Our 16th president, Abraham Lincoln, died this week (April 15) in 1865. His words did not.
If you appreciate great writing — writing that pulls at your heart, tears at your gut, overpowers your intellect and gnaws at your soul, then read today’s guest author, the greatest writer ever to serve as president — greater even than Jefferson. He died this week (April 15) in 1865. His words did not.
“Though passion has strained, it must not break our bonds of affection. The mystic chords of memory, stretching from every battlefield and patriot grave, to every living heart and hearthstone all over this broad land, will yet swell the chorus of the Union, when again touched, as surely they will be, by the better angels of our nature.” — Inaugural Address, 1861.
“This is ... a struggle for maintaining in the world, that form, and substance of government, whose leading object is to elevate the condition of men — to lift artificial weights from all shoulders — to clear the paths of laudable pursuit for all — to afford all an unfettered start, and a fair chance, in the race of life.” — Message to Congress, 1861.
“The fiery trial through which we pass will light us down, in honor or dishonor, to the latest generation ... We shall nobly save, or meanly lose, the last best hope of earth. Other means may succeed; this could not fail. The way is plain, peaceful, generous, just — a way which, if followed, the world will forever applaud, and God must forever bless.” — Message to Congress, 1862.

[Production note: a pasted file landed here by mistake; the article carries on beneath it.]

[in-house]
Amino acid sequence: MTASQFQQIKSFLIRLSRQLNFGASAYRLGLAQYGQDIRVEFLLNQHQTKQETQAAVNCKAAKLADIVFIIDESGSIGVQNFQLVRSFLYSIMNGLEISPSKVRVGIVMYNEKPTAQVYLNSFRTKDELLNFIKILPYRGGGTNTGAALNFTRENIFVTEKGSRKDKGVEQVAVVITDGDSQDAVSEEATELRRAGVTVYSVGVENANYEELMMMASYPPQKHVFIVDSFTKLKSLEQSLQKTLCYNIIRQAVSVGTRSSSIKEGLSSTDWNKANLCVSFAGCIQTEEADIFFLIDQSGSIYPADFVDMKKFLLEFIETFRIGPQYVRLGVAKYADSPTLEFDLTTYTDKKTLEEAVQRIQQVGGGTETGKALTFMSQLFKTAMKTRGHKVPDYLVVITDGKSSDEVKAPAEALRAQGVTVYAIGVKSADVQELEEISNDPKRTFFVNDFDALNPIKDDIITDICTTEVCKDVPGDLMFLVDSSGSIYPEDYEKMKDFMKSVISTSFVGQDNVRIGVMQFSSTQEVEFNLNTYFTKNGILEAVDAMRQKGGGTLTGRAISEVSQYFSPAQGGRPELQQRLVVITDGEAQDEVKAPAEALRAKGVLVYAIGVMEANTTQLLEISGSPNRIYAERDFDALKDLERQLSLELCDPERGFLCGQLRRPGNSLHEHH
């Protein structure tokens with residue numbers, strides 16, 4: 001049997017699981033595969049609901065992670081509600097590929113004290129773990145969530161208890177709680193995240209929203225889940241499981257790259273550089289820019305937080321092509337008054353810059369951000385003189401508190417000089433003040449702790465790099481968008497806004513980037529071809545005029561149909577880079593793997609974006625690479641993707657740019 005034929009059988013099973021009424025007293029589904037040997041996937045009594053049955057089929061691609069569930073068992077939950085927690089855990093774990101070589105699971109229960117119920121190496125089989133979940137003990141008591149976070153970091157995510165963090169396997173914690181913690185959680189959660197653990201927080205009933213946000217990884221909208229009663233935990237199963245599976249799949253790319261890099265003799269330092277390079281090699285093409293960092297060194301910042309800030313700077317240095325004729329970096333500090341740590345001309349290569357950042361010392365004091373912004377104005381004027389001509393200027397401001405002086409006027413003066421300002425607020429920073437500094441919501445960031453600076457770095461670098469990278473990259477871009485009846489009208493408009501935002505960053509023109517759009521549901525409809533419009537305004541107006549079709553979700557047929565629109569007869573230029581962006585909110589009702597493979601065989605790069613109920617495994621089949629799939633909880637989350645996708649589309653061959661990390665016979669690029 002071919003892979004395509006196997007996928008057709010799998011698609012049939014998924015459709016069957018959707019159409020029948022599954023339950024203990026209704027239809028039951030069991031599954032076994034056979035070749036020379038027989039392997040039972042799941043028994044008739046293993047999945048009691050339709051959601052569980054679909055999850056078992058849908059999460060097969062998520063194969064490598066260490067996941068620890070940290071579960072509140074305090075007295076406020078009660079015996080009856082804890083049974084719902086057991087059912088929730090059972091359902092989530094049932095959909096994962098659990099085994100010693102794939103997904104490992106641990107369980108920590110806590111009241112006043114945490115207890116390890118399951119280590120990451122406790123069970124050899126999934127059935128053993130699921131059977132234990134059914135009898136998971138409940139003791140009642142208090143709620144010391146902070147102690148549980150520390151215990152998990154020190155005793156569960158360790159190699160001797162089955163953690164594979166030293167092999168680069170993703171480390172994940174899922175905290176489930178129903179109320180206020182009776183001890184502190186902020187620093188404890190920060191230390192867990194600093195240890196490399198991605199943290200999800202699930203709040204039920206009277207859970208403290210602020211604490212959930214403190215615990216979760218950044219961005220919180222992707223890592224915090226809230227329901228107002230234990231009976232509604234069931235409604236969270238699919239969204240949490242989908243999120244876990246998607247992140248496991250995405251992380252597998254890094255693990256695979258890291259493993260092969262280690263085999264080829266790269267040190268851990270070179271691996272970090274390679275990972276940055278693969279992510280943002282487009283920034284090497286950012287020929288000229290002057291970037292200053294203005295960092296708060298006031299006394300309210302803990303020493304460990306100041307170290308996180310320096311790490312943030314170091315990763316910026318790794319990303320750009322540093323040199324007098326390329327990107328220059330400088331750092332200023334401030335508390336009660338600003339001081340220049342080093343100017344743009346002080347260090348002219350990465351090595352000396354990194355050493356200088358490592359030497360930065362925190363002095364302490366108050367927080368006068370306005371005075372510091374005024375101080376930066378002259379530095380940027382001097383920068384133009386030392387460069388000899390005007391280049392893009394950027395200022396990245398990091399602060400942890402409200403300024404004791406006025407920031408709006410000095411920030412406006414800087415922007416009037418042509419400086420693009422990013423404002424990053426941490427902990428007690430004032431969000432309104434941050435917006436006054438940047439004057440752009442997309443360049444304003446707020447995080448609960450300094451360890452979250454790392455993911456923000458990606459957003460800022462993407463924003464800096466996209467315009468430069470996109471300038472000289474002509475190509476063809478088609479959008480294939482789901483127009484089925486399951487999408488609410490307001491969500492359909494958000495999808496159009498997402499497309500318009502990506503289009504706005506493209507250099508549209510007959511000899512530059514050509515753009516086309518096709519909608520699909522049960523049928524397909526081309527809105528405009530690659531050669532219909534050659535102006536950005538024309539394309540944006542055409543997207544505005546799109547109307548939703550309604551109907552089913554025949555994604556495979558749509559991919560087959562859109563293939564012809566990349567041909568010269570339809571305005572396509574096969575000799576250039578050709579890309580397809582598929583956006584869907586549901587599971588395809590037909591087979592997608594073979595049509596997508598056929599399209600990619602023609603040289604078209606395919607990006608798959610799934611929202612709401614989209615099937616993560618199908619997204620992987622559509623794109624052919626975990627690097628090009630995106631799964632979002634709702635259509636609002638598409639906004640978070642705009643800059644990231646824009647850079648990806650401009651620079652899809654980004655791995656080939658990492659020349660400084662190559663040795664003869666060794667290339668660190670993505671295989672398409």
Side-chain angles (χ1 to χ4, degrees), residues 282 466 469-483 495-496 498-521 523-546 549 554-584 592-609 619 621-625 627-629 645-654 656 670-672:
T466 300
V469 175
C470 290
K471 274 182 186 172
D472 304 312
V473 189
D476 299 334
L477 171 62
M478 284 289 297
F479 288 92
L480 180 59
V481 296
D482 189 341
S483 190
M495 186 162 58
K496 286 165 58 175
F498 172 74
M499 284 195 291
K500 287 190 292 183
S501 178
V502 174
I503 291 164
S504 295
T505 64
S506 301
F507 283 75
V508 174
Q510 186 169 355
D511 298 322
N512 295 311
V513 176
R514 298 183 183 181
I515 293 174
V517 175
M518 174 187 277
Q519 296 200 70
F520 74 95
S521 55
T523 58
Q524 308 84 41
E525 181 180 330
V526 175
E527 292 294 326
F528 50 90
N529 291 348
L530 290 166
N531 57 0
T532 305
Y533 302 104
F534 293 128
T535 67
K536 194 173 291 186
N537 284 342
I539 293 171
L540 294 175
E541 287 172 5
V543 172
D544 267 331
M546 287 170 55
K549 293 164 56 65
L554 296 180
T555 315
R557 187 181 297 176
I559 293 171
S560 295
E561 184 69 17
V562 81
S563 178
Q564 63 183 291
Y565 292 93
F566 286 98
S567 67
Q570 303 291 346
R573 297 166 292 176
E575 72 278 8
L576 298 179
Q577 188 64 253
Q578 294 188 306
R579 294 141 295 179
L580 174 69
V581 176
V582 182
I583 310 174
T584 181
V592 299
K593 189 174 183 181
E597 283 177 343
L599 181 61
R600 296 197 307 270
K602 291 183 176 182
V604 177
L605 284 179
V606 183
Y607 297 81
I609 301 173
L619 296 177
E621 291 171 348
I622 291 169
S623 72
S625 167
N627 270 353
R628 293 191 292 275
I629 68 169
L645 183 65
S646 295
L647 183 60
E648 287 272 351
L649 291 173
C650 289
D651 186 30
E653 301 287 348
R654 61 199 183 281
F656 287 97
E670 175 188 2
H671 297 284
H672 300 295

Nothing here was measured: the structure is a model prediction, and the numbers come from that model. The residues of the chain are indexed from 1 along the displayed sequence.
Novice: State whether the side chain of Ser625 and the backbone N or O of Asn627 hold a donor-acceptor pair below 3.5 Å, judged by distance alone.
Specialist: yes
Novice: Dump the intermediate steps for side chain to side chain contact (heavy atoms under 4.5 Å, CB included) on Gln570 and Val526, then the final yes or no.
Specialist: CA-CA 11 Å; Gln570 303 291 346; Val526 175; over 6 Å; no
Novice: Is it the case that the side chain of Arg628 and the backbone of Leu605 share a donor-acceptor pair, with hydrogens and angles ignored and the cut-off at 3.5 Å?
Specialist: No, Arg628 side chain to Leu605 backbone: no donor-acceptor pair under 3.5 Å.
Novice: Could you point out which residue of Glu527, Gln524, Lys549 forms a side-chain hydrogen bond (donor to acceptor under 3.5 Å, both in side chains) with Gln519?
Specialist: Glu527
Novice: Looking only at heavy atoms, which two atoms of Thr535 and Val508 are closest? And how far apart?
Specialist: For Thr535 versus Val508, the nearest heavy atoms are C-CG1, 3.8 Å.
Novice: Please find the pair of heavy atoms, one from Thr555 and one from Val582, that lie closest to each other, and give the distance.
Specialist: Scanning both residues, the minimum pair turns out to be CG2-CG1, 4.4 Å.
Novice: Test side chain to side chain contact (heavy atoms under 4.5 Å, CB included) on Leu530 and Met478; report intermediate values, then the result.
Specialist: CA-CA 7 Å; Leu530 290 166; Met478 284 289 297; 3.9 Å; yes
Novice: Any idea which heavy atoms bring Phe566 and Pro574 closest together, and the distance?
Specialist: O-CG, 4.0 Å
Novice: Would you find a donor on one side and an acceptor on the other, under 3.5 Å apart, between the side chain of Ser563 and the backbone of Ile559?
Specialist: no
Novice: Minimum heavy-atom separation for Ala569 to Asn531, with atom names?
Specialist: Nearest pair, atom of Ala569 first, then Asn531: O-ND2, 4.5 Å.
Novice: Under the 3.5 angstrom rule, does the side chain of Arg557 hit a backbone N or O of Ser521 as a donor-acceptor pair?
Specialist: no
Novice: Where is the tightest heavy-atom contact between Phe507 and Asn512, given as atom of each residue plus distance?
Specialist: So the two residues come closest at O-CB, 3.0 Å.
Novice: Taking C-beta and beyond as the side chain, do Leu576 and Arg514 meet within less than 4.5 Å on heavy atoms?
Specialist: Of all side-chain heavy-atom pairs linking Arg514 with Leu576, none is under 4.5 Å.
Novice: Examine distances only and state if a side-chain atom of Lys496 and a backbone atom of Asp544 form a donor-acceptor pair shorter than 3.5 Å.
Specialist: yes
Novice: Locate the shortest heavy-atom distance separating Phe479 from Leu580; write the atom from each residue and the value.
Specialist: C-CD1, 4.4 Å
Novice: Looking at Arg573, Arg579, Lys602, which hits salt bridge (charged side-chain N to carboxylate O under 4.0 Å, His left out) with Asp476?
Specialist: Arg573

“It is rather for us to be here dedicated to the great task remaining before us — that from these honored dead we take increased devotion to that cause for which they gave the last full measure of devotion — that we here highly resolve that these honored dead shall not have died in vain — that this nation, under God, shall have a new birth of freedom — and that government of the people, by the people, and for the people shall not perish from this earth.” — Gettysburg Address, 1863.
“Both parties deprecated war; but one of them would make war rather than let the nation survive; and the other would accept war rather than let it perish. And the war came … ”
“... Fondly do we wish, fervently do we pray, that this mighty scourge of war shall speedily pass away. Yet, if God wills that it continue, until all the wealth piled by the bond-man’s 250 years of unrequited toil shall be sunk, and until every drop of blood drawn with the lash shall be paid by another drawn with the sword, as was said three thousand years ago, so still it must be said, ‘The judgments of the Lord are true and righteous altogether.’ ” — Second Inaugural Address, 1865.